One of the key issues in reducing emissions from large stationary sources like power plants or cement factories is the sheer cost associated with capturing the carbon dioxide and storing it underground. It is a daunting prospect even for large industrial players.
Policy makers have taken a first step in the US with supporting policies, but in most cases, a tax credit is just not sufficient to justify a Carbon Capture and Storage (CSS) investment; it would cover maybe half of what is needed. So how do we get started without relying on new or expanded policies, which might take a while?
In my mind the answer is in the development of voluntary market mechanisms that allow consumers [such as a construction company buying tons of cement and steel] to purchase totally decarbonized products if they so wish. This assumes a few things: (i) that green products exist, (ii) that consumers are willing and able to pay a premium for a green product, and (iii) that the mechanism in place is verifiable and trustable for all parties.
We are already offered plenty of choices in our life, for example by offsetting our carbon footprint from air travel, or by paying a premium to buy a super-efficient washer dryer. These are voluntary decisions driven by our means and convictions. But frankly, when I give $10 to offset my flight, I am just not sure that the airline uses the proceeds to plant trees, I just trust they do.
The good news is that technology can get us there, and probably much faster than what governments can do on the policy front.
Let’s start with the producer of goods, like a cement manufacturer who has been busy implementing energy efficiency solutions, switching fuel to renewables, and optimizing its curing process. These initiatives have already reduced the carbon intensity of cement by quite a margin. But it is only by doing CCS that one can produce zero or near-zero carbon cement.
We now imagine that a producer takes a leap of faith and implements CCS on one of its plants, and now produces for example 1 million tons of green cement each year. The producer has essentially created a “bank” of carbon credits. The next step is to unbundle the decarbonized cement from its environmental attribute. It means that regardless of where the CCS plant is located, the producer can sell green product from its “bank” anywhere in the world, even if the physical product delivered to the client is not the one coming from the plant with CCS. Every time a consumer chooses to buy green cement, the right amount is debited from the “bank”. That allows for the CCS cost to be spread across a much broader consumer base.
"Unbundling" exists in other markets, for example in power. When a consumer decides to buy green power from a local utility, the electrons consumed do not come from any specific solar plant, but rather they come from the grid. There is a dissociation between the physical attribute and the environmental one. The same could apply to other commodities.
What a producer needs to do first, is to test with its customers who would be willing to pay a premium, and how much they would pay, if indeed they were given the option to buy a green product. And if there is sufficient uptake, then a producer could justify investing in a CCS plant because there is certainty in recovering its investment.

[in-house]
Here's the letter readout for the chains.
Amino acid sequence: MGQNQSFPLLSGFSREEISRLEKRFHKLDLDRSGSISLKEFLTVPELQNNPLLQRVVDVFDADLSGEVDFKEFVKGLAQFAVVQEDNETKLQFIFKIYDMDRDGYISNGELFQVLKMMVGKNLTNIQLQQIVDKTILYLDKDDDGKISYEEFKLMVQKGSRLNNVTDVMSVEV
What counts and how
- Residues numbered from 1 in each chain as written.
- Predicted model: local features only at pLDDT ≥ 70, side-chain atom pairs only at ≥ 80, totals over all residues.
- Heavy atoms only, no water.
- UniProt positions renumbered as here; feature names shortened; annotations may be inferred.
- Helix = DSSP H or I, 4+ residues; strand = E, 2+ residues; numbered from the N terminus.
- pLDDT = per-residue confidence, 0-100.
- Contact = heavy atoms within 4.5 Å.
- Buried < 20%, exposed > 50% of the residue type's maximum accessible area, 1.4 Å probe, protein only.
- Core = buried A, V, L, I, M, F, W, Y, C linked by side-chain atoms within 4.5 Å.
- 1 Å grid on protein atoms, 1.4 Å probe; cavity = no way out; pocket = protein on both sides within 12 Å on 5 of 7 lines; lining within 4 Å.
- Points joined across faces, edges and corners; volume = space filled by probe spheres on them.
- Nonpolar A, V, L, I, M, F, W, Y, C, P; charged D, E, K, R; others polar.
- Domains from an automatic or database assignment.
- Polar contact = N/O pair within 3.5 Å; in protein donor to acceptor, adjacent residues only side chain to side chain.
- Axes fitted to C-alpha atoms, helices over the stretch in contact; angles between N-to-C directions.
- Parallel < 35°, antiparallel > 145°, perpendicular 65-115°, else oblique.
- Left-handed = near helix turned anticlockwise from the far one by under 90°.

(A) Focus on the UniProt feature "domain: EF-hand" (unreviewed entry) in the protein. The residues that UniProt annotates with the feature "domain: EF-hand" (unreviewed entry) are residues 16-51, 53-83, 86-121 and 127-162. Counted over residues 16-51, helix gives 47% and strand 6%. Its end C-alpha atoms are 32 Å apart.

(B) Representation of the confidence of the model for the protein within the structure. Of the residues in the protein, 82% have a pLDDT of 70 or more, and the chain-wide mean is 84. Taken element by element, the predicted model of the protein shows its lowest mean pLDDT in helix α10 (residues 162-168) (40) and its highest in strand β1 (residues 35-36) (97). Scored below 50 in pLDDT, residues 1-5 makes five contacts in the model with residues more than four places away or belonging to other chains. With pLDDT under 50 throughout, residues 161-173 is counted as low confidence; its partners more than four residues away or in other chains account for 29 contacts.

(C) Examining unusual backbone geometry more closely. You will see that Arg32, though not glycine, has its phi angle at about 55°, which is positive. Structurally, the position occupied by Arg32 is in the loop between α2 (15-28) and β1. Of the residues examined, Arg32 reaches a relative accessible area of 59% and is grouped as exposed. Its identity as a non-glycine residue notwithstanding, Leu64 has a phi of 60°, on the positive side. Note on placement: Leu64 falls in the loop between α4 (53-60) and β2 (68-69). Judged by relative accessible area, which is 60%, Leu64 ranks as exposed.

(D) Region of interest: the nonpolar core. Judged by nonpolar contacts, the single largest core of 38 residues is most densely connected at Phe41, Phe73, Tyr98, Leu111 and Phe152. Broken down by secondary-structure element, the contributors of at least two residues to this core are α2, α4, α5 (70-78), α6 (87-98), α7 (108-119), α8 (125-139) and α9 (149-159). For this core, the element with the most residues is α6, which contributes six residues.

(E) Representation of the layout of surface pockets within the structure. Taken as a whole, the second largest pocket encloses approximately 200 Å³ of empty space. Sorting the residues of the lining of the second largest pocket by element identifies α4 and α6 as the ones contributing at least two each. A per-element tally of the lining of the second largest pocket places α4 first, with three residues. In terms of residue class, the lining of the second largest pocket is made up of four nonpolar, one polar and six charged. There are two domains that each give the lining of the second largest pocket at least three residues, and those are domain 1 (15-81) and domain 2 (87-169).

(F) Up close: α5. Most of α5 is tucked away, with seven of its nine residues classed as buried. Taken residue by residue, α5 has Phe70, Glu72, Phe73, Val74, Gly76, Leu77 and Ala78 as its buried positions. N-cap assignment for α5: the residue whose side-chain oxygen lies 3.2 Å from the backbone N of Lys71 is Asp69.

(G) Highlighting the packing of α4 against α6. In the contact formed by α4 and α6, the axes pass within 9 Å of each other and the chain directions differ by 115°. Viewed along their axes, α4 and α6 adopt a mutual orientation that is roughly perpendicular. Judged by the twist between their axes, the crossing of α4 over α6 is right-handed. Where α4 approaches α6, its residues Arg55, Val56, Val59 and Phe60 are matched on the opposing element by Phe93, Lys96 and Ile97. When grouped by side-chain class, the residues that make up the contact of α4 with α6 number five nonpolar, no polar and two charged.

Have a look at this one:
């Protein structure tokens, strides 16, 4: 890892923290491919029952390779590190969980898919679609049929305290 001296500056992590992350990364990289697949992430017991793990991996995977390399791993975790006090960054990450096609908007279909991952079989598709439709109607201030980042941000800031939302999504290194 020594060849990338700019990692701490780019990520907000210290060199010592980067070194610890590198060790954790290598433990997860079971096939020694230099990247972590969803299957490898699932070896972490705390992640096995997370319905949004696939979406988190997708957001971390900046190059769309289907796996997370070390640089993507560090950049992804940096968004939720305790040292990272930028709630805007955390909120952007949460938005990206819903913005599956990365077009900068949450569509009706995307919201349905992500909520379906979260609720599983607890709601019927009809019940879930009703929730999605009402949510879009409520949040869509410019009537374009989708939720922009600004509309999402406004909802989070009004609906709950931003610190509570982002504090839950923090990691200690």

A “Bank” would provide tremendous flexibility. Let’s assume that the cost of CCS would add a 100% premium on the price of cement, which only a very small portion of consumers could absorb. But could some afford a 10% premium? In that case a consumer could buy cement with 10% lower carbon intensity and the bank would be debited by one tenth of a credit and not a full credit. This concept applies to any intensity.
The consumer has to play its part and commit towards buying a greener product, but at least now it has a choice. And the most important part is that the consumer must have confidence in that the premium is really associated with a physical reduction in emissions somewhere in the world, just like the travel offset.
That can be done by using blockchain technology. Such system would ensure that each ton of CO2 reduction is properly accounted for and not duplicated and would allow for a totally verifiable process with infinite scale potential, eliminating fraud and misallocations.
Producers should test such concept in their core market, for example across the EU or in North America, and work with their regulators to put in place acceptable solutions. They could gauge market adoption while testing how such accounting system would work in their own industry. The unbundling would allow producers to implement carbon reduction solutions where it makes most sense, for example where there is fantastic geological storage at proximity to a plant, and a very progressive regulator.
Carbon reduction will require all actors to play their part. We can’t continue to rely solely on policy to instill change, and we can force a market transition with solutions over which we have a much greater sense of control.
These are my personal views.
Author information: Damien leads the Carbon Capture and Storage business unit at Schlumberger New Energy. He joined the company earlier this year and comes with 20 years of experience in the energy transition space. Prior to joining Schlumberger, Damien was the lead investor at the Oil & Gas Climate Initiative, covering sectors such as CCS, methane emissions and energy efficiency. Damien also worked at BP in several roles, including head of strategy, chief of staff and CFO of BP Ventures. He has an engineering degree from Liege University in Belgium and an MBA from Booth Chicago.